Many people, and businesses get confused over what the terms “bookkeeper” and “accountant” mean. They often get confused by the two or believe there is no difference between them.
However, there are a number of differences in the role of each one and confusion as to what they do could cause problems for many businesses, especially if they were to employ the wrong professional for the wrong role, or neglect the importance of one of the tasks:
SEPARATING THE TWO
Whilst bookkeepers tend to be used on a day to day basis, the role of an accountant is much less frequent. A bookkeeper will keep the daily or weekly financial records of a business. S/he will record all incoming monies, outgoing expenses and invoices, and will ensure that the books match the bank accounts.
An accountant then studies those books and provides advice on the best way for the business to proceed financially. The data they assess from the books can be interpreted to consider which way the business should progress in order to maximise their profit levels.
The Role of a Bookkeeper
Many businesses, depending on their size and structure may employ a bookkeeper, either on a full time, part time or “ad-hoc” basis. The bookkeeper will look at all incomings and outgoings and enter them into a ledger, known as a book.
Bookkeepers have a number of legal obligations. They must act honestly and with good faith in order that the books are kept up to date and honestly. Their process is completed when the certified bookkeeper performs a series of final checks known as a “trial balance”. Following the completion of this step of the process, they will hand the books over to the accountant.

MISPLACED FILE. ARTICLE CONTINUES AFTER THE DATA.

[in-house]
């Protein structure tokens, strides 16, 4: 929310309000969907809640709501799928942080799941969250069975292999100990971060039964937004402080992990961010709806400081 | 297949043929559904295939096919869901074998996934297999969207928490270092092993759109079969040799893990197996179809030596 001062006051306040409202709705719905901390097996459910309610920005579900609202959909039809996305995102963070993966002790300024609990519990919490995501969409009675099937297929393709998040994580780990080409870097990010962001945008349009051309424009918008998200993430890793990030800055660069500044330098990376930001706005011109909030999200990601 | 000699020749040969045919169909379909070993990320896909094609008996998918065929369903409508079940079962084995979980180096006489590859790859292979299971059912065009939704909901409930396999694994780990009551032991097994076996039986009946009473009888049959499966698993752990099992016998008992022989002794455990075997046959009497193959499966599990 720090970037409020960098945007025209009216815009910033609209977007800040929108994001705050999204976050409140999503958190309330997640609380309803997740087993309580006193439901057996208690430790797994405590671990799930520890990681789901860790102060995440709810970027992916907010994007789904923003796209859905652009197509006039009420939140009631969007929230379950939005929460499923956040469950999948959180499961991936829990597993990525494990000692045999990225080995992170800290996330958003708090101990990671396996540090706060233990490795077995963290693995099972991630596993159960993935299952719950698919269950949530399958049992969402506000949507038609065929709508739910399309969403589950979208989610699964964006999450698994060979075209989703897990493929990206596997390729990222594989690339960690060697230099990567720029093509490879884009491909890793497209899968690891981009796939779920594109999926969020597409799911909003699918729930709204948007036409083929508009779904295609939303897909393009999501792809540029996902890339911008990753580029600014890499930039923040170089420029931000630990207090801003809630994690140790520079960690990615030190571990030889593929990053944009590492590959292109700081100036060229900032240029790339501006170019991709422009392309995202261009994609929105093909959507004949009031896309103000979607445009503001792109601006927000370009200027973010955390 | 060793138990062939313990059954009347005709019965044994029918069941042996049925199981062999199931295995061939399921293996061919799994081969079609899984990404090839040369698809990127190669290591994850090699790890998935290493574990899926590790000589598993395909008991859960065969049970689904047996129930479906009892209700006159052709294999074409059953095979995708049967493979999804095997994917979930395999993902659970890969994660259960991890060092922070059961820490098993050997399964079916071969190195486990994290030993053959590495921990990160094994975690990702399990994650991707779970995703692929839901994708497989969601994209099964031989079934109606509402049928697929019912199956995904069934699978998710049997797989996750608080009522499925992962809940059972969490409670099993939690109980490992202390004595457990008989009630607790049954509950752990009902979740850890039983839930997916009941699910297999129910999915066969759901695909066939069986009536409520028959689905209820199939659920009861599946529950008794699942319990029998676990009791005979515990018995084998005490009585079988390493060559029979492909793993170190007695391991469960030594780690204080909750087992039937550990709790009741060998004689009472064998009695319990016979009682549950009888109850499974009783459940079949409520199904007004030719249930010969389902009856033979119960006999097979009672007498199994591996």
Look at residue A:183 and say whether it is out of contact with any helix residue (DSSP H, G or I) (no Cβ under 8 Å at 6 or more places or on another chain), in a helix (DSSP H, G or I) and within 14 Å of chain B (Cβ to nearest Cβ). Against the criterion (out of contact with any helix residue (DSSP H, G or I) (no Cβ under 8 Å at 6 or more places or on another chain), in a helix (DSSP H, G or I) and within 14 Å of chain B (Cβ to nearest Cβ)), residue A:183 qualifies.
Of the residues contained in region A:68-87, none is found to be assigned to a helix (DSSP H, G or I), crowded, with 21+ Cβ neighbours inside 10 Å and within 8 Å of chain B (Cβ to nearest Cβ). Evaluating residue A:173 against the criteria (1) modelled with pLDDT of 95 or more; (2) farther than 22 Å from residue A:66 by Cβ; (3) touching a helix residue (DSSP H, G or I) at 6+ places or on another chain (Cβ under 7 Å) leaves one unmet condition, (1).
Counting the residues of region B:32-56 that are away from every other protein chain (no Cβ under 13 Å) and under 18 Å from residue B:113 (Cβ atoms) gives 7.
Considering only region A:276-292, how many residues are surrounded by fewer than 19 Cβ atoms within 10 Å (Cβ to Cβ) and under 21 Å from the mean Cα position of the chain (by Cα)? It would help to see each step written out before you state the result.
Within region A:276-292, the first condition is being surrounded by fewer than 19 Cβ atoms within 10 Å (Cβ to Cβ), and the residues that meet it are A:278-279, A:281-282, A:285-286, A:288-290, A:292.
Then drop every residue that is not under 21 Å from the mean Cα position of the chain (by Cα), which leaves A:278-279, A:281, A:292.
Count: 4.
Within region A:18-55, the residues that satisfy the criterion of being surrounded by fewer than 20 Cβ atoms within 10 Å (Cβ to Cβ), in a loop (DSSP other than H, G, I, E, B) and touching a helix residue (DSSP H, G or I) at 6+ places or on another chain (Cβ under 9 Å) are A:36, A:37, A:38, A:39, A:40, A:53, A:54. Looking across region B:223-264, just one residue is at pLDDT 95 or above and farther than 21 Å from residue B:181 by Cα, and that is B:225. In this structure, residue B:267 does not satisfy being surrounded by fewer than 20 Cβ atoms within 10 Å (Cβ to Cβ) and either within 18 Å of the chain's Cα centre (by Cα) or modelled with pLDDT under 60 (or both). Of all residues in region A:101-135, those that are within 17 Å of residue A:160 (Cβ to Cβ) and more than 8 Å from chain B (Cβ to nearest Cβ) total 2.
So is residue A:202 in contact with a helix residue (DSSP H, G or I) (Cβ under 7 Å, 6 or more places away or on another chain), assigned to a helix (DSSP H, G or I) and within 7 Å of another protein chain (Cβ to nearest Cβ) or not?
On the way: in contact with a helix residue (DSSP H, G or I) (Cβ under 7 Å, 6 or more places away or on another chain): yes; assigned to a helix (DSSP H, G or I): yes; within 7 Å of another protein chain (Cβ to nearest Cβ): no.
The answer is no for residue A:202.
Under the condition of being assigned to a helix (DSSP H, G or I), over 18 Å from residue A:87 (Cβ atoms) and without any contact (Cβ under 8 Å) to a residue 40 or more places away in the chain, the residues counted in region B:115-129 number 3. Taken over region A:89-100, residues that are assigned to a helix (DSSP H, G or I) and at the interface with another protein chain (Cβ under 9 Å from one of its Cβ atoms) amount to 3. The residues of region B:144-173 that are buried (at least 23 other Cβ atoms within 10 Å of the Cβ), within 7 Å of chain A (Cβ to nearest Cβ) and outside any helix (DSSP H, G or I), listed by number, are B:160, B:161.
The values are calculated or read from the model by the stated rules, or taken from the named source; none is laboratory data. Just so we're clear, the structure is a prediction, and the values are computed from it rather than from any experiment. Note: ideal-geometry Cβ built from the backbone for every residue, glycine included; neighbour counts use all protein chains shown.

Bookkeeping is vital to have a permanent record, kept in a straightforward manner which can then be later examined.
The Role of the Accountant
Once the bookkeeper has finished their stage of the bookkeeping process, the role of the accountant then begins. The main task of the accountant is in the analysis and reporting of the company accounts. They will be able to see from the carefully kept books what is working and failing for the business. Accountants insight can helps the business become more successful
The accountant will also be responsible for submitted the tax return and evaluation the position on tax. This will ensure the business is legally compliant. Accountants will also try to legally minimise tax the business has to pay.
Businesses often think they can do without either an accountant or bookkeeper. However, without the use of a bookkeeper, a bookkeeping organisation, or an accountant, the business would not be able to meet their legal obligations, could be subject to paying too much (or too little) tax and could potentially lose money as cost efficiency is a role undertaken by the accountant.
CLOUD ACCOUNTING NI PROVIDES THE SOLUTION
At Cloud Accounting (NI) we have a unique process to automate the Bookkeeping process in house in a highly cost effective manner. In other words we can act as BOTH your Bookkeeper and your Accountant. Alternatively, we can work alongside your existing Bookkeeper (either in your business or external) using an online accounting system.
Using our unique cloud accounting process, we have ‘real time’ information on hand to help you grow your profits, reduce your tax and save on IT costs. Every month, every three months, or at a frequency that’s suits your needs, we can sit down with you to discuss your business results and put forward target driven recommendations to help improve it further.
For further expert advice, message us.